Tuesday, July 08, 2008

The virtue in shame and pride 

Warren Meyer looks at the categories of people enumerated on Barack Obama's web site. There is no category that describes Warren, or me:

I officially have no place in Obama's world as a white male physically able straight business owner of limited faith. From analysis of his other policies, I suggest a category for me called "Milch Cow," to include productive non-whining folks like myself who are unable or unwilling to portray themselves as victims and who are most likely to be forced to pay for Obama's pandering of all the other groups.

Well, "non-whining" except as it pertains to "progressive" politicians, but I get the point.

Statists appeal to people who are not ashamed or too prideful to admit that they need help from the state. There was a day when such people were very much in the minority in this country, but now they are a majority. That is why both parties promote one or another version of the nanny state, and Republicans compete with Democrats to appeal to people who perceive themselves as victims. Shame and its more beautiful sister, pride, have their virtues, including that they are both prerequisites for small government.


By Anonymous Anonymous, at Wed Jul 09, 12:56:00 AM:

During the Great Depression an old lady I know worked at the church giving out food to the poor. As these people who owned nothing walked forward, they would go through the boxes and give back anything they didn't need. That was just a few generations ago, and millions of people carry on their traditions. Unfortunately, too many spend their lives blaming others for their failures and demanding compensation for "losing lifes lottery".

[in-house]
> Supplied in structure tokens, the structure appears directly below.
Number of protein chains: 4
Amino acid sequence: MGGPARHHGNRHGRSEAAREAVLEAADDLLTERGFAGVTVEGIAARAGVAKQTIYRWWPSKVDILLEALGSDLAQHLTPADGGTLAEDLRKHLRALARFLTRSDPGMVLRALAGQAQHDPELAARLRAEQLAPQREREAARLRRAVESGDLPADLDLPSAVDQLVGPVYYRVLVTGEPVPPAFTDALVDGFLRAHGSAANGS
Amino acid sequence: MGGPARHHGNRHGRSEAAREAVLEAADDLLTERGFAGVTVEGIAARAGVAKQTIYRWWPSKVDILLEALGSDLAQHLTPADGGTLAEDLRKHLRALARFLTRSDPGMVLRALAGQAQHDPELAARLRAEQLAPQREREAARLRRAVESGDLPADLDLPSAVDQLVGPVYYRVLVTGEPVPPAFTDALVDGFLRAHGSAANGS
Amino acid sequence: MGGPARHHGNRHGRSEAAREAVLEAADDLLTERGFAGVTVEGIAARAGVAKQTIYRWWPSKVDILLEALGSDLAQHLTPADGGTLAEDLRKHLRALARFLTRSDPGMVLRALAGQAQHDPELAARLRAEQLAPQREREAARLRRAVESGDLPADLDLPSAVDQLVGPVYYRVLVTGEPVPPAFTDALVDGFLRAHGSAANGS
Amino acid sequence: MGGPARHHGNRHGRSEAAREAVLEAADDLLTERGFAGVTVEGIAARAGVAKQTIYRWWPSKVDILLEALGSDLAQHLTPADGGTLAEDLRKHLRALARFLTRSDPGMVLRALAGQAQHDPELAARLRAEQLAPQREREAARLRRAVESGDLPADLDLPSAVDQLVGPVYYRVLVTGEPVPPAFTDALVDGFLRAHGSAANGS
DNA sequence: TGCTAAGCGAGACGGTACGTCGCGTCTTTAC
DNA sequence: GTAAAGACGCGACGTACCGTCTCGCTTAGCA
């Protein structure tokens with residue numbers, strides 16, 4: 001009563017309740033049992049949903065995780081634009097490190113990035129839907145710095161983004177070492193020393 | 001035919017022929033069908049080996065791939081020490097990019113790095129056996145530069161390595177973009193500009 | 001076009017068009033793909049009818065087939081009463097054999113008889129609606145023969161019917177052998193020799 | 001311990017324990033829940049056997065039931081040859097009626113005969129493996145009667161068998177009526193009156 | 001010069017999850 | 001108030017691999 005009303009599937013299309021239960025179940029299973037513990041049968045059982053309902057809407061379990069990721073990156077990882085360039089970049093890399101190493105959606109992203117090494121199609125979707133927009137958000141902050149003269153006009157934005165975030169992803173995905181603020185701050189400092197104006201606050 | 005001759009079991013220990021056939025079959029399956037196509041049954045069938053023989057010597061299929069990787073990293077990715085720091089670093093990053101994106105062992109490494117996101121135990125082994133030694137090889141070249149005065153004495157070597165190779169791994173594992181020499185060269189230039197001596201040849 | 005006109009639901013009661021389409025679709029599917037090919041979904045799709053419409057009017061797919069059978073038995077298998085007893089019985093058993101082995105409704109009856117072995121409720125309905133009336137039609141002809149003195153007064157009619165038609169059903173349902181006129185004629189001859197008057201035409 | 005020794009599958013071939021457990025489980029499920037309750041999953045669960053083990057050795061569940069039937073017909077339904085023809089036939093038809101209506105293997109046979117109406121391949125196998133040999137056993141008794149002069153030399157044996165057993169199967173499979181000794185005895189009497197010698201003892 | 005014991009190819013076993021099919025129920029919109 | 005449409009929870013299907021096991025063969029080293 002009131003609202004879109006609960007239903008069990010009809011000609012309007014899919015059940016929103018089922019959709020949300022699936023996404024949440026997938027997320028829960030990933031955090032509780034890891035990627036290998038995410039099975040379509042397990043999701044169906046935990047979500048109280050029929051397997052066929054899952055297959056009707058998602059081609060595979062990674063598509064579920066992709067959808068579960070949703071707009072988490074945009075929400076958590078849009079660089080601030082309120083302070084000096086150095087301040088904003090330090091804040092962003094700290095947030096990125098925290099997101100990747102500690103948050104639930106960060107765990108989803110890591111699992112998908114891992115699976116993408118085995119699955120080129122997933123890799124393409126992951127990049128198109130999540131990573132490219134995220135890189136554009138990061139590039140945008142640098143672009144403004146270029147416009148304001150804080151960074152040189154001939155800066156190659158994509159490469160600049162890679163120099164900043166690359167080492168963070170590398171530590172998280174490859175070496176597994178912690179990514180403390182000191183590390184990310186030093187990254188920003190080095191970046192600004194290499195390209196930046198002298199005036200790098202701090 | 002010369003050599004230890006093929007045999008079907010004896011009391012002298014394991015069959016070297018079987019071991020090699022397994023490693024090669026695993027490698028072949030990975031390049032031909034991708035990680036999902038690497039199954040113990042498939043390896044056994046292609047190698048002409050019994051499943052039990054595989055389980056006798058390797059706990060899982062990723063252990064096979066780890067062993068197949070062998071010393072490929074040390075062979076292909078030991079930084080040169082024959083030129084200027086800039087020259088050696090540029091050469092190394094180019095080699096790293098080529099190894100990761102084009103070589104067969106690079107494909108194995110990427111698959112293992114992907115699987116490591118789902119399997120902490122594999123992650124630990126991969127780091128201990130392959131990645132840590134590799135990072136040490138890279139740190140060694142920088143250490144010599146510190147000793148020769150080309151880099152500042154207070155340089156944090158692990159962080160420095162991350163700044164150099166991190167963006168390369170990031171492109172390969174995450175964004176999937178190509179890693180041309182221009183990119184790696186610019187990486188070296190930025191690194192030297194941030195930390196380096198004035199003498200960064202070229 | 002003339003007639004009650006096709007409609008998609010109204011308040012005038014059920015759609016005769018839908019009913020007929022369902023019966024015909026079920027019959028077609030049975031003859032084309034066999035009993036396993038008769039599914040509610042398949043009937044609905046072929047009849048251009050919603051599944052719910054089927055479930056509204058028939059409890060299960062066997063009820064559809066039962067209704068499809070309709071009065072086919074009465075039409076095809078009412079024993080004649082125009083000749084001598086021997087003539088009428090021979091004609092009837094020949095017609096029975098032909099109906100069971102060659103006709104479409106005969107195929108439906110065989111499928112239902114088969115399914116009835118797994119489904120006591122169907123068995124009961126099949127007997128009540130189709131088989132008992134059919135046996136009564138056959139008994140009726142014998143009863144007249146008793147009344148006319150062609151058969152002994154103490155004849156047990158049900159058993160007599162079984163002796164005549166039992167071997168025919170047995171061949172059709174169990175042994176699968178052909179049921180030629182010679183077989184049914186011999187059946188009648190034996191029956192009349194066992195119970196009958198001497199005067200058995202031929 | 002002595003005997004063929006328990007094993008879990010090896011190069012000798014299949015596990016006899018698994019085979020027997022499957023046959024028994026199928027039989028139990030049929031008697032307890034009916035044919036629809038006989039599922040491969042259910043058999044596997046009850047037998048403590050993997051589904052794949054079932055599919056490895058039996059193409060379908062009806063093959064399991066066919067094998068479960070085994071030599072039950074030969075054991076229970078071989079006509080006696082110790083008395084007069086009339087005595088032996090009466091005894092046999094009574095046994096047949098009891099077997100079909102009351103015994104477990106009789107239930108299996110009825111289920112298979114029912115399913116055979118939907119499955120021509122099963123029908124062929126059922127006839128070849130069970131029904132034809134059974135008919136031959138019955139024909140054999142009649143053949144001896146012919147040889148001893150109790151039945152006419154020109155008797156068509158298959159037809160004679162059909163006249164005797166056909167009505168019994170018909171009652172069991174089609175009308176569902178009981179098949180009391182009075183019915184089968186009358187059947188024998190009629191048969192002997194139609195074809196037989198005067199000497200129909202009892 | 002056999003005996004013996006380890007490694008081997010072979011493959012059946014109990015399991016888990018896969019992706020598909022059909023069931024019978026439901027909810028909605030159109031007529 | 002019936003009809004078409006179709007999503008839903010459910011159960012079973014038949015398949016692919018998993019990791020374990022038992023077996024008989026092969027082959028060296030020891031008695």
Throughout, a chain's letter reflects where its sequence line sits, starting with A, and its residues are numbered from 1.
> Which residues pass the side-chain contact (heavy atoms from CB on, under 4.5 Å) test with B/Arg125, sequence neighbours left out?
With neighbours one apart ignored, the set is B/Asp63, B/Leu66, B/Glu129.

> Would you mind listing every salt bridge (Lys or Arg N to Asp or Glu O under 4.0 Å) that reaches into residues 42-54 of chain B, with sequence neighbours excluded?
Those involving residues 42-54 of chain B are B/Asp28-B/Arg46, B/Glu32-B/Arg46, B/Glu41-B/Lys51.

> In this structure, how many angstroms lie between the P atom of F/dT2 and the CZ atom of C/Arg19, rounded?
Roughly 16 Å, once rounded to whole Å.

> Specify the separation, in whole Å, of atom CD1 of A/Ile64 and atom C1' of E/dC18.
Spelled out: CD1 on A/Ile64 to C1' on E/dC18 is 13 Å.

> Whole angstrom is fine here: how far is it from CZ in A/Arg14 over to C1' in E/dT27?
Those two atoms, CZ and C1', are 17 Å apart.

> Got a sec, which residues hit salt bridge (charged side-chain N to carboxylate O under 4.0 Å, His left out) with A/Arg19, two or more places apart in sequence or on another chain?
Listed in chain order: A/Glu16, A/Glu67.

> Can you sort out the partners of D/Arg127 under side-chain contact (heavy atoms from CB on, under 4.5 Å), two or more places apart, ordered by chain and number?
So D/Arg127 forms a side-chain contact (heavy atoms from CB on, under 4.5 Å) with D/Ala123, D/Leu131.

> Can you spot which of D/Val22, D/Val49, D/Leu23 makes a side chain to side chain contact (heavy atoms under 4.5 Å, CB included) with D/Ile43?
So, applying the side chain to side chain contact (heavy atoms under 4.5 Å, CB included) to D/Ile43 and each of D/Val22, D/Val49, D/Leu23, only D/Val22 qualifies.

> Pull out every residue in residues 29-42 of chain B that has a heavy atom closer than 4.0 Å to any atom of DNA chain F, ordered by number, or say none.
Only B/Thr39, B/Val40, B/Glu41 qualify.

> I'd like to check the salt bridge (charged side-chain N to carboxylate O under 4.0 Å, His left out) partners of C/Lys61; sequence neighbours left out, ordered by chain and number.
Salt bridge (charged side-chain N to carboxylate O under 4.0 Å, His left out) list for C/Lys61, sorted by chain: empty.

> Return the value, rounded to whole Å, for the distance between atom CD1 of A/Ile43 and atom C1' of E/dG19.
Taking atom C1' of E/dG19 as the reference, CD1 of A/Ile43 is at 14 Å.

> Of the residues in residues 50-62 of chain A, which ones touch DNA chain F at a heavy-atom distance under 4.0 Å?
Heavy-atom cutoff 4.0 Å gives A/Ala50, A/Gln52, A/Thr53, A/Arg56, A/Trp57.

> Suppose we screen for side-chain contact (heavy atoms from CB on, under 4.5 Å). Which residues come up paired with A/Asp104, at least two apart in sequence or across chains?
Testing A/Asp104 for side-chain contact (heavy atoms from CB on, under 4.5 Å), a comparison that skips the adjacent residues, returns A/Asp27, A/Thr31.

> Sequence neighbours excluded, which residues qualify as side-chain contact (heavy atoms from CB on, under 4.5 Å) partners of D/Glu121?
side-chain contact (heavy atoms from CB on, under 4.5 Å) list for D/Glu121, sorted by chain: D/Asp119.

By Anonymous Anonymous, at Wed Jul 09, 09:44:00 AM:

Of course Obama has a category for you and me! He (and his neocommunist friends and backers) will try to label us as "reeducation camp dwellers."  

By Blogger Pax Federatica, at Thu Jul 10, 12:03:00 AM:

Statists appeal to people who are not ashamed or too prideful to admit that they need help from the state.

They also appeal to those who find taking responsibility for certain aspects of their lives to not be worth the hassle - not only of actually handling your own affairs, but of becoming sufficiently well informed and savvy to do so effectively. Why bother with all that when you can outsource the job to the state? There's obviously no guarantee that the state will handle your affairs optimally - far from it - but the same is true for DIYers.

When it comes to nanny-statism, never underestimate the appeal of convenience, and the strong desire to not have to think about life's unpleasant possibilities, much less make an effort to prepare for them. It is the one and only factor in which the collective approach has a strong inherent advantage, but for many folks that factor trumps all the others.  

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